Diversity in the oligodendrocyte lineage: Plasticity or heterogeneity?
John Wiley & Sons Inc.
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Foerster, S., Hill, M., & Franklin, R. (2019). Diversity in the oligodendrocyte lineage: Plasticity or heterogeneity?. Glia, 67 (10), 1797-1805. https://doi.org/10.1002/glia.23607
Heterogeneity is a widely recognised phenomenon within the majority of cell types in the body including cells of the central nervous system (CNS). The heterogeneity of neurons based on their distinct transmission modes and firing patterns has been recognised for decades, and is necessary to coordinate the immense variety of functions of the CNS. More recently, heterogeneity in glial cells has been described, including heterogeneity in oligodendrocyte progenitor cells (OPCs) and oligodendrocytes. OPC subpopulations have been described based on their developmental origin, anatomical location in the grey or white matter, and expression of surface receptors. Oligodendrocytes are categorised according to differences in gene expression, myelinogenic potential and axon specificity. Much of what is described as heterogeneity in oligodendrocyte lineage cells (OLCs) is based on phenotypic differences. However, without evidence for functional differences between putative subgroups of oligodendrocyte lineage cells (OLCs), distinguishing heterogeneity from plasticity and lineage state is difficult. Identifying functional differences between phenotypically distinct groups is therefore necessary for a deeper understanding of the role of OLCs in health and disease.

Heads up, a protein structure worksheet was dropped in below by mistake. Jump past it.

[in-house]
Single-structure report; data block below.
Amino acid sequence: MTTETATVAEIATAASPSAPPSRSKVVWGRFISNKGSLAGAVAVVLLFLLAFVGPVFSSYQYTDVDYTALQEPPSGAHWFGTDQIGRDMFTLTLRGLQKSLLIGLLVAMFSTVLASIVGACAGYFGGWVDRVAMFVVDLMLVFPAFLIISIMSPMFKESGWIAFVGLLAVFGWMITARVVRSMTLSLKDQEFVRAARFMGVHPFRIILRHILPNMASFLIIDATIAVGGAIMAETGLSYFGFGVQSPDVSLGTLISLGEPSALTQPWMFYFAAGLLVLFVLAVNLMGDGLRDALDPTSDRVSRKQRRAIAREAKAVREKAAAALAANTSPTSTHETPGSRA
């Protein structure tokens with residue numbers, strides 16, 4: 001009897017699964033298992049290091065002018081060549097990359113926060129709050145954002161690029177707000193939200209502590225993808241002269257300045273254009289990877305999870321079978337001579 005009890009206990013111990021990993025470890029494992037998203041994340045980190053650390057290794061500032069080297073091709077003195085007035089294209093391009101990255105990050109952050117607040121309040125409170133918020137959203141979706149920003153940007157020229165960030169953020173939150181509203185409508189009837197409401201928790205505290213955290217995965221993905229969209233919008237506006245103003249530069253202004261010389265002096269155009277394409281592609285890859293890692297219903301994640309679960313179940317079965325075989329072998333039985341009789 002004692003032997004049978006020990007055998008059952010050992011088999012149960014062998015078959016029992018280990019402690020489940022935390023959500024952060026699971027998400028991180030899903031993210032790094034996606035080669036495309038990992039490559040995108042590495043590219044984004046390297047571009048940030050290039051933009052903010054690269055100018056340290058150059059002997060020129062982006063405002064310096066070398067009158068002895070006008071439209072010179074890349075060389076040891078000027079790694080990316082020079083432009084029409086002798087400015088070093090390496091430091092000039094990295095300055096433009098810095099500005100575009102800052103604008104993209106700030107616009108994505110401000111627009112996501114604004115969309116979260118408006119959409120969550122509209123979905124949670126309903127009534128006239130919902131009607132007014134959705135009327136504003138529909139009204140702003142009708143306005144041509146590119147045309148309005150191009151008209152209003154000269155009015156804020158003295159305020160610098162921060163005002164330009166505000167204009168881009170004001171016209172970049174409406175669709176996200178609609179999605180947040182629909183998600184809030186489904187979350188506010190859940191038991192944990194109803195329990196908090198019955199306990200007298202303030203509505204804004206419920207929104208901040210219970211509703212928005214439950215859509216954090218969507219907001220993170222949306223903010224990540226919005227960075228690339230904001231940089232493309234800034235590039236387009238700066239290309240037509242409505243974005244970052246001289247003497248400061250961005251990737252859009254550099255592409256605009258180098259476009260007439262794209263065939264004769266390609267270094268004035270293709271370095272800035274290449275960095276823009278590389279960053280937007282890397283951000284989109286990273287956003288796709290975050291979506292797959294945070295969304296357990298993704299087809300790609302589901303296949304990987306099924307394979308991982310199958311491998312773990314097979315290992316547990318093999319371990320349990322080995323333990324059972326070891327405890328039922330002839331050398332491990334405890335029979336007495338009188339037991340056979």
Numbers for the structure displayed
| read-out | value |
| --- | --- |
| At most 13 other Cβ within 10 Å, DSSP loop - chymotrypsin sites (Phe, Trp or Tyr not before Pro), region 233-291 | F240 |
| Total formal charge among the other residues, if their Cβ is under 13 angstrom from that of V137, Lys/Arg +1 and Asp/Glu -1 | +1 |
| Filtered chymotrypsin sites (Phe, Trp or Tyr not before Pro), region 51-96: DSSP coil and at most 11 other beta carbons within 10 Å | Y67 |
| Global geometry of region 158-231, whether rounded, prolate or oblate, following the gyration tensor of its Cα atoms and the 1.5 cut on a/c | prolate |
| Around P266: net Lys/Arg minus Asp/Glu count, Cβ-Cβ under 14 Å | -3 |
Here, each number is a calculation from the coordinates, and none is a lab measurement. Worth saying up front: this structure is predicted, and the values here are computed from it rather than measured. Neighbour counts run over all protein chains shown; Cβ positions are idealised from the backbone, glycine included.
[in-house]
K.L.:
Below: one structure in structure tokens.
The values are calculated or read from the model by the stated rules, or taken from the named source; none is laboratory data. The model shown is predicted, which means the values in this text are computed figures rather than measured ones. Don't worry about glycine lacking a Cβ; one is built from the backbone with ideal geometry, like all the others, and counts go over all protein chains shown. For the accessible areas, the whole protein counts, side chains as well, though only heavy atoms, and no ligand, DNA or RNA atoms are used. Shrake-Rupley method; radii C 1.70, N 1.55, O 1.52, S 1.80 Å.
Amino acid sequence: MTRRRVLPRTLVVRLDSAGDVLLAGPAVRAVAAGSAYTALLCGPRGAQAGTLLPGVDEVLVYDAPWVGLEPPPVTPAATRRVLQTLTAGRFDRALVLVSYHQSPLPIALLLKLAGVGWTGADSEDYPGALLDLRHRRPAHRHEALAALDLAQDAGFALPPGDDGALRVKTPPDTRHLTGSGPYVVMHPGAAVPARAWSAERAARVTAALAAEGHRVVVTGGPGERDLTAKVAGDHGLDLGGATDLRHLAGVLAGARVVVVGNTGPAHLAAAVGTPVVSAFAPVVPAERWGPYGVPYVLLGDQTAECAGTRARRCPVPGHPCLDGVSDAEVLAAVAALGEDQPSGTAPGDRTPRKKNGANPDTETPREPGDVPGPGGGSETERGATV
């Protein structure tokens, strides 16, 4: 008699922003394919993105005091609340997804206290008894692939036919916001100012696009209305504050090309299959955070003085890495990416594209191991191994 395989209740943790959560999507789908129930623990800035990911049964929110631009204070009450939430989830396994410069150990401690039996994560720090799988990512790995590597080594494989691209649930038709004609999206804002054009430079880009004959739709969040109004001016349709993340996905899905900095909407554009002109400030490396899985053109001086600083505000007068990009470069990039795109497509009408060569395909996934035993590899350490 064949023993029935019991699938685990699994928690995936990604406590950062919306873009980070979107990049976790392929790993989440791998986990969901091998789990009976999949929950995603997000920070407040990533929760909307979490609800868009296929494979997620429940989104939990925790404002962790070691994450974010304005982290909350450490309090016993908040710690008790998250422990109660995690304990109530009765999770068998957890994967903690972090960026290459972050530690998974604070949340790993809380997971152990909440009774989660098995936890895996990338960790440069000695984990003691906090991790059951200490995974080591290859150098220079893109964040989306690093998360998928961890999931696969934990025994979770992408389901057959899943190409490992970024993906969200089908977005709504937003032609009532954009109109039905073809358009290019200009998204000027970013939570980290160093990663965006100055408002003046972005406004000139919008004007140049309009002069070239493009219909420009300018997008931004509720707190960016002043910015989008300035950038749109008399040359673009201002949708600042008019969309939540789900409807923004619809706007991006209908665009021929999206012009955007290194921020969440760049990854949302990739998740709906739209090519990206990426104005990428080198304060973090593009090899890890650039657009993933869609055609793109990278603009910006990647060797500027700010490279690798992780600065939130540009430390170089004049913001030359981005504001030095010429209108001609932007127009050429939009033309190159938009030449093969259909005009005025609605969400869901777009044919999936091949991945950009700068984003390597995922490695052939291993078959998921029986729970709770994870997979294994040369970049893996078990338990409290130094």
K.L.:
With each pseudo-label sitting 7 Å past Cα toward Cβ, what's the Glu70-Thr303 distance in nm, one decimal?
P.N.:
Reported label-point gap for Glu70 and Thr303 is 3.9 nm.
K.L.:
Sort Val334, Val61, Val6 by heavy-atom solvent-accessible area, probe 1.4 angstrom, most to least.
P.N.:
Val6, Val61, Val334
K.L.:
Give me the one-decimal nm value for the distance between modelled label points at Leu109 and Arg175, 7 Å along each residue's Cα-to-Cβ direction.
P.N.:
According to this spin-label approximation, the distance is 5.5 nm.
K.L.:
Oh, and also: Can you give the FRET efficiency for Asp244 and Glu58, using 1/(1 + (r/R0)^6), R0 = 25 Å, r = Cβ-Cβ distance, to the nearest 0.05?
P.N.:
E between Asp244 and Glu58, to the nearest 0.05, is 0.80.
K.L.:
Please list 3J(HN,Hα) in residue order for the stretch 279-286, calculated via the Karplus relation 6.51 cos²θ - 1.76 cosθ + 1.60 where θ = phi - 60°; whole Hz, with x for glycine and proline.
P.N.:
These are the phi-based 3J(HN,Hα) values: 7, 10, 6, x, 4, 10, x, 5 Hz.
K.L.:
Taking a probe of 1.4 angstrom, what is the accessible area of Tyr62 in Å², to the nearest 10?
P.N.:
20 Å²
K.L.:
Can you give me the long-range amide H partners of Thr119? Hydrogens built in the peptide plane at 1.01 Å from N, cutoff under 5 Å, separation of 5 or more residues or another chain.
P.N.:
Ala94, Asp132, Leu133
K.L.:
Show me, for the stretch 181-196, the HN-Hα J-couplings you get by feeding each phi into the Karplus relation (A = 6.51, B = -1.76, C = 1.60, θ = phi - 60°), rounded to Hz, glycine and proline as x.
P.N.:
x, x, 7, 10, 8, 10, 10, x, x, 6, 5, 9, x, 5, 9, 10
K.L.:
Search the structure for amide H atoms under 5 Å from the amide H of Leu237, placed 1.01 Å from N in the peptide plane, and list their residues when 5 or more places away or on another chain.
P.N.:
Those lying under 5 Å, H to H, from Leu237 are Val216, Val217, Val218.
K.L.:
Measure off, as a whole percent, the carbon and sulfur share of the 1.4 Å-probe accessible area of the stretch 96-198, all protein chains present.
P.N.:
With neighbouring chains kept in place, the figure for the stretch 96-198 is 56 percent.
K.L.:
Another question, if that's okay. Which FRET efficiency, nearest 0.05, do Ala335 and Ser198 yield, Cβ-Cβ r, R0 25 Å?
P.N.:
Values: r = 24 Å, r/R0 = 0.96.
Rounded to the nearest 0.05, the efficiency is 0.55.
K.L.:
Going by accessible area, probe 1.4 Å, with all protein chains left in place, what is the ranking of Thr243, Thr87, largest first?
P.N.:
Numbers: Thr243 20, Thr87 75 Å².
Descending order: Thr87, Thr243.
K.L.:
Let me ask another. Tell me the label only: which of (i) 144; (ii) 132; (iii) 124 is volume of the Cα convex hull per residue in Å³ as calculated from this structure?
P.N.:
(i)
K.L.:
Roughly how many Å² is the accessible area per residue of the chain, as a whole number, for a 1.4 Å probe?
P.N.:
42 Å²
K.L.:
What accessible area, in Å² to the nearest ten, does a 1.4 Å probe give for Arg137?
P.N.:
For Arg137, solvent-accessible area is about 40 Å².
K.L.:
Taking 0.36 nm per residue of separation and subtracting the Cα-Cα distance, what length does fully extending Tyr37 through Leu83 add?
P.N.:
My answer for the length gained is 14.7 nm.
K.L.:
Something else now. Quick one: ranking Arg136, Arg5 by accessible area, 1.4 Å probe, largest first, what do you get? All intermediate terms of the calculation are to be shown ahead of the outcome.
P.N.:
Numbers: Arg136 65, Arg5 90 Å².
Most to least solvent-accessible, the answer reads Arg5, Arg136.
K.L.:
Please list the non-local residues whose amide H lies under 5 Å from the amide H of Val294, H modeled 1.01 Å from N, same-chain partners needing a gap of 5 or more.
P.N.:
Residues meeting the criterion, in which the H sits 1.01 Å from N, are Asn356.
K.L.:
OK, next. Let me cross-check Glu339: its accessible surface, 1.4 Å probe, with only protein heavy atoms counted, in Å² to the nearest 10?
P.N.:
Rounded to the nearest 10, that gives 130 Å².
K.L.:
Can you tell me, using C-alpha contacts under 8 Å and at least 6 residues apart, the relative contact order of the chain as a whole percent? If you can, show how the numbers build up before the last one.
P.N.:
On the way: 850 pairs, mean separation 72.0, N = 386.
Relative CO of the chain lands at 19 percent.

Central Nervous System, Oligodendroglia, Animals, Cell Lineage, Oligodendrocyte Precursor Cells
The authors acknowledge the support of funding from the UK Multiple Sclerosis Society, MedImmune, The Adelson Medical Research Foundation and a core support grant from the Wellcome Trust and MRC to the Wellcome Trust-Medical Research Council Cambridge Stem Cell Institute. SF and MFEH have been recipients of Wellcome Trust funded PhD studentships.
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External DOI: https://doi.org/10.1002/glia.23607
This record's URL: https://www.repository.cam.ac.uk/handle/1810/290070